Schengen Enlargement: Freedom of movement or scattered security?

DISCLAIMER: All opinions in this column reflect the views of the author(s), not of EURACTIV Media network.

Despite most Europeans being “overwhelmingly positive” towards the enlargement of the Schengen zone, the abolition of internal land and sea borders in the enlarged Schengen area “seems to have prompted the emergence of new forms of control,” claims  Anaïs Faure Atger in a March research paper for the Centre for European Policy Studies (CEPS).

Atger hails the recent enlargement of the Schengen area and the lifting of internal checks as an “important victory for the principle of free movement of persons in the EU,” and a “very strong statement of trust among the peoples of Europe and their governments”. 

However, the road to the full enjoyment of this right has “not been free from troubles,” she argues. Notably, “several constraints” have at times been imposed on the new member states “in the name of security”. 

Security, Atger points out, has been a “priority concern” in lifting border checks. This arose from a “general feeling of mistrust” among the EU 15 that the EU 9 had not achieved sufficient implementation of the Schengen acquis – and specifically concerns as to whether the new members are “capable of attaining a level of cooperation in Justice and Home Affairs matching that of the EU 15”.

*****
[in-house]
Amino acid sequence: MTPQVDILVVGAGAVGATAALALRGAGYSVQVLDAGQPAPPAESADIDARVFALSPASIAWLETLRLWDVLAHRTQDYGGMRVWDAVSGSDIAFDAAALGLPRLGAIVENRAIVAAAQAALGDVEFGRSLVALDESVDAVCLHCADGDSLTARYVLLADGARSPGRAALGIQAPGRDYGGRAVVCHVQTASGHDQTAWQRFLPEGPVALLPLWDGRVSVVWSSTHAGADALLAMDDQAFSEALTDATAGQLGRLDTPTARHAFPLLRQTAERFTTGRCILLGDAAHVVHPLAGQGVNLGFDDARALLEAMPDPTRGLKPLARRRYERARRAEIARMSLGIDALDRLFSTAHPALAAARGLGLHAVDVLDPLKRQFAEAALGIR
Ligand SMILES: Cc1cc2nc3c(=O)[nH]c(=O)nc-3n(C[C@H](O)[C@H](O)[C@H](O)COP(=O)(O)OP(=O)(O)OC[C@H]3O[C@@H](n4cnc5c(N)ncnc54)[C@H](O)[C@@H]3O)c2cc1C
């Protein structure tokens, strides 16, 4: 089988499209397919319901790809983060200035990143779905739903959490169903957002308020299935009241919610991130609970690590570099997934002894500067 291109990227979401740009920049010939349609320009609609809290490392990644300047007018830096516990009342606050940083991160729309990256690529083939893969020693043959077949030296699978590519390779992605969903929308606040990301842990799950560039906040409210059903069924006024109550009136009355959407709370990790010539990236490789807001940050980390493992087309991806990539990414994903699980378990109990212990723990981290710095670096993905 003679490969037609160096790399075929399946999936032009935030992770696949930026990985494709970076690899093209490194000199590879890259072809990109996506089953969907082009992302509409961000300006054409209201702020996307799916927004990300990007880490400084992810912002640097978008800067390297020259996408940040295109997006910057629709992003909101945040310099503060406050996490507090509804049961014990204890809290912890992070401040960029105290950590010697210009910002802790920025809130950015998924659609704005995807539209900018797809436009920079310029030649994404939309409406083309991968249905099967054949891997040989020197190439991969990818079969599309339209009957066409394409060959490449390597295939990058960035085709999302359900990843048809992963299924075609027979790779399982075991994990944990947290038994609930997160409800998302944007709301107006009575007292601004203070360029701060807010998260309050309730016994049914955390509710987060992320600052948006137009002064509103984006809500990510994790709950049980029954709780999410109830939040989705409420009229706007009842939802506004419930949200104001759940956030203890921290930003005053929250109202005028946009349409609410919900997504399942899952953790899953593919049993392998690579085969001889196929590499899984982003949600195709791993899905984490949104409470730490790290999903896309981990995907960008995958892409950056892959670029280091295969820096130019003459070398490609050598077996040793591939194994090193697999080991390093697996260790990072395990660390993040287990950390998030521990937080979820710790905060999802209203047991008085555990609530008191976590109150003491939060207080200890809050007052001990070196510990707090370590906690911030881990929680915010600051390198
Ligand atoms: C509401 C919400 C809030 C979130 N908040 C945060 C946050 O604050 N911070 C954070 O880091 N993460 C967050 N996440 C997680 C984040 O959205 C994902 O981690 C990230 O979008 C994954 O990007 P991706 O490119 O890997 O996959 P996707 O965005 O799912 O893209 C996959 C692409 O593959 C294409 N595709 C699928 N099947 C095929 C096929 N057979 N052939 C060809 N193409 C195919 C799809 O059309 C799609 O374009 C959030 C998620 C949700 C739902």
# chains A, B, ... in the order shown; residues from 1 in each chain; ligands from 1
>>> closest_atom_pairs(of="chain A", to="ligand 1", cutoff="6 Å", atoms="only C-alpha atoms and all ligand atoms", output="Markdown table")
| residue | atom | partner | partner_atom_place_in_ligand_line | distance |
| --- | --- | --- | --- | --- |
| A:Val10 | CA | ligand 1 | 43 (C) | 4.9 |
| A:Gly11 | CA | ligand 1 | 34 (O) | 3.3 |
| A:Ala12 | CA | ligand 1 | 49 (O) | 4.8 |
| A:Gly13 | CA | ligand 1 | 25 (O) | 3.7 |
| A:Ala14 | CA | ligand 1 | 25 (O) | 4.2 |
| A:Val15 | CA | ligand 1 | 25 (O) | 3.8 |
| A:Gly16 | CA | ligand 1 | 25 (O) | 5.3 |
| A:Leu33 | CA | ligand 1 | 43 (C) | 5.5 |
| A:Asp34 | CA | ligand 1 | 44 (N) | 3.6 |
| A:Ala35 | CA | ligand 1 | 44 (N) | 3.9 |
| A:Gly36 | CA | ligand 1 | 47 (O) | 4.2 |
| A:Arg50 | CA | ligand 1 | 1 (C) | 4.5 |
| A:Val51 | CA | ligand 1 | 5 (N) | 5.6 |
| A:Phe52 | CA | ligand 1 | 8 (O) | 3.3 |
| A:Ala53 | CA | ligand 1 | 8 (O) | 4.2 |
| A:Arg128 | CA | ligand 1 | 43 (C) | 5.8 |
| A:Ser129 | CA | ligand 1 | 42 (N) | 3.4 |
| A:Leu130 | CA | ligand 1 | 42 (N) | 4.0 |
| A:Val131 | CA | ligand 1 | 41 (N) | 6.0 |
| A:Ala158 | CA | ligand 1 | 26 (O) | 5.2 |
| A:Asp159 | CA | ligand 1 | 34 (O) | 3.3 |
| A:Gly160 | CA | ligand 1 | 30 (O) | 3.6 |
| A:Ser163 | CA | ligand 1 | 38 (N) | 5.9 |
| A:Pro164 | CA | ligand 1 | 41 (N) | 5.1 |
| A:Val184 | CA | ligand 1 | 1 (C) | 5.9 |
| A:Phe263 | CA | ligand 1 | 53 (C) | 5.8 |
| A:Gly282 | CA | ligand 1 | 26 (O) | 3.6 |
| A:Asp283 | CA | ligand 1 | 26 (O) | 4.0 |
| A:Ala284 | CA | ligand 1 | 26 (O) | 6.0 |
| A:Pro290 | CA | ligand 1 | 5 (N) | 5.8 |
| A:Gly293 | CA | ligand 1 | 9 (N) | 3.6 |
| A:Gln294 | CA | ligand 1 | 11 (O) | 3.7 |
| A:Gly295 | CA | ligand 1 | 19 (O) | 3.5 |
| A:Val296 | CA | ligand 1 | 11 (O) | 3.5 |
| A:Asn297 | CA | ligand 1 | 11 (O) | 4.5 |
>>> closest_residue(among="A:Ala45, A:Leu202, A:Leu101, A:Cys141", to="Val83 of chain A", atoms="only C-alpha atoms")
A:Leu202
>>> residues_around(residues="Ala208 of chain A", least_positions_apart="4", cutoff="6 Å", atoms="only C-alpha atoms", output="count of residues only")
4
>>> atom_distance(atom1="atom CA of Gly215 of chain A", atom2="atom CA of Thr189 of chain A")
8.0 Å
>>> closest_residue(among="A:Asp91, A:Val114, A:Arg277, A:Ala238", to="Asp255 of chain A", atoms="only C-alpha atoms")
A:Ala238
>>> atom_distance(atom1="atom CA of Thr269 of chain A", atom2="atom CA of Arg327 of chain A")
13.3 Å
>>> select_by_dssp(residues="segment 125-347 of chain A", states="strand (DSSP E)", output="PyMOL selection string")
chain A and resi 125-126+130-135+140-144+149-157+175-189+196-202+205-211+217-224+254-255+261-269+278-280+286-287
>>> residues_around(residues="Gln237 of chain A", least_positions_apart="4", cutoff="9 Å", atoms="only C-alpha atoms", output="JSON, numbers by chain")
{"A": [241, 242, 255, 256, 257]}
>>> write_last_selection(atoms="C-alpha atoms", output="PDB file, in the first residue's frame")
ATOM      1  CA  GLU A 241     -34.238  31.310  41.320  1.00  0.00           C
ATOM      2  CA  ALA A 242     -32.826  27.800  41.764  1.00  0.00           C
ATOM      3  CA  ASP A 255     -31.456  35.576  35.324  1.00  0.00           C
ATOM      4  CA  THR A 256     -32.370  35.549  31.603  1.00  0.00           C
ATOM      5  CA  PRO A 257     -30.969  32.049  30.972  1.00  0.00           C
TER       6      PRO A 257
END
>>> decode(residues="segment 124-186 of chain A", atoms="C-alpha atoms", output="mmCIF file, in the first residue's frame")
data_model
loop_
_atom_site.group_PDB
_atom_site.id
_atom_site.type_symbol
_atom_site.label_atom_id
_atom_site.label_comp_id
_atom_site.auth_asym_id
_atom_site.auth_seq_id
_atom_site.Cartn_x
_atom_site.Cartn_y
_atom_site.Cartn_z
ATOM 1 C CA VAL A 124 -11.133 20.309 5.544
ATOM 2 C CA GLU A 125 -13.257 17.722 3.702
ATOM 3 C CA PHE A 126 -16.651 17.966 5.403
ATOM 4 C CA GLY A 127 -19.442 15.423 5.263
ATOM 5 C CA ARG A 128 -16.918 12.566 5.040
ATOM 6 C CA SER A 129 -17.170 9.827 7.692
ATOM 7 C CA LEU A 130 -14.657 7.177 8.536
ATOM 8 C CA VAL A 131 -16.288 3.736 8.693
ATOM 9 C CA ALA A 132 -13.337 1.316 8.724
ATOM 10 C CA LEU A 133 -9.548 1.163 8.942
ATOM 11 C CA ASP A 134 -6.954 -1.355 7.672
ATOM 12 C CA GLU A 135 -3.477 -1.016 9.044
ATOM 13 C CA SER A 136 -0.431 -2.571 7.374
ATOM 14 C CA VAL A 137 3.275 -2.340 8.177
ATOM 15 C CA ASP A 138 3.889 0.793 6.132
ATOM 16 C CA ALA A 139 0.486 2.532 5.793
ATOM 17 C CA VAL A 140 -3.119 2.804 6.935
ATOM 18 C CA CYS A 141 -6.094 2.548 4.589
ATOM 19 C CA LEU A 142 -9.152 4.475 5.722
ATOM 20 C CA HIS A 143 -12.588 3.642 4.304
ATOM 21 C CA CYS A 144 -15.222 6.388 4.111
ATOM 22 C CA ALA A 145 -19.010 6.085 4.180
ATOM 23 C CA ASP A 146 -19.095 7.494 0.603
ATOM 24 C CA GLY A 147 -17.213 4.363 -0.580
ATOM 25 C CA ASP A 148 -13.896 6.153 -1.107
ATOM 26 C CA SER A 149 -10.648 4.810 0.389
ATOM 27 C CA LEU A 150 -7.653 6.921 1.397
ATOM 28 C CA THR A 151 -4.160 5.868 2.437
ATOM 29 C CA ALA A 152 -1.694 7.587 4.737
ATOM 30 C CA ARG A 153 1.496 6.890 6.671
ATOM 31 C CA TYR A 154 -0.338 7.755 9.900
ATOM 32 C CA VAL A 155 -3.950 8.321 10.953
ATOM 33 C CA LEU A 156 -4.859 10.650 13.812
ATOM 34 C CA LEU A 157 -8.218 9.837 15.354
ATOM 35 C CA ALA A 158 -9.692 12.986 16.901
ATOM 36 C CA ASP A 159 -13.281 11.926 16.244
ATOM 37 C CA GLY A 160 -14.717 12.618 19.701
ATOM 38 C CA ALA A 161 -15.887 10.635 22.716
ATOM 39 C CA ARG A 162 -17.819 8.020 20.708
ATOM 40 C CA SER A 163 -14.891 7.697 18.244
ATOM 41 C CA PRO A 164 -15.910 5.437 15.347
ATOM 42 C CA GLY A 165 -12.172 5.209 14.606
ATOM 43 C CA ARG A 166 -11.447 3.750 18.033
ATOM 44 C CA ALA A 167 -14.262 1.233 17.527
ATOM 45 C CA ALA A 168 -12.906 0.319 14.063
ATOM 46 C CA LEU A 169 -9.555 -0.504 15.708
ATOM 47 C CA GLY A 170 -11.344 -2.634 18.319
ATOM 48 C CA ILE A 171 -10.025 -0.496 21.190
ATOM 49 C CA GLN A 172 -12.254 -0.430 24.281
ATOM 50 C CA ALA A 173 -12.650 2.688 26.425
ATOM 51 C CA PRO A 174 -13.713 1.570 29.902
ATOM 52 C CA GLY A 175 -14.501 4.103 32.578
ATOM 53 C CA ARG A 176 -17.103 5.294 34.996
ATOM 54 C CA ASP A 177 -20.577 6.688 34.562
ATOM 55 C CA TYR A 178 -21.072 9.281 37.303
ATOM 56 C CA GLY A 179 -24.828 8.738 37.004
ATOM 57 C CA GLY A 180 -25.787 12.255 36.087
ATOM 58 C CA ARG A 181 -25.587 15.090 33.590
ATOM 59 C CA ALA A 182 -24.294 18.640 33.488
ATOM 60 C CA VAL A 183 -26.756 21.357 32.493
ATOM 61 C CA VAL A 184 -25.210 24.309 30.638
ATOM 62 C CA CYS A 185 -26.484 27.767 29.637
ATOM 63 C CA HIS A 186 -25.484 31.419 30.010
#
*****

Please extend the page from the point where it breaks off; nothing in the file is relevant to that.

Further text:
Thus several EU 15 member states, and notably Germany and Austria, have been setting up police controls and spot checks several kilometres from the official borders of EU 9 neighbours, Atger observes. “Special policing measures” resulting from “the security deficit created by the Schengen enlargement” mean that “being stopped several kilometres from the official border by police forces does not appear questionable”. 

This has led to a number of “alternative, functional borders” being set up which are “not only spatially scattered and diversified in terms of authorities but they are also mainly subject to national discretion”. 

“The main victims of this have been the citizens of the newly acceding countries and third country nationals,” whose situation is today difficult to assess, believes the author. These potential travellers were “led to understand that movement in the Schengen area would no longer encounter border checks” whereas in reality, many are still being stopped and even made to return, she claims. 

Contrary to the intentions of the EU external border authorities, “security has been a priority concern in lifting internal border checks,” Atger concludes, triggering a number of measures creating new obstacles to mobility. 

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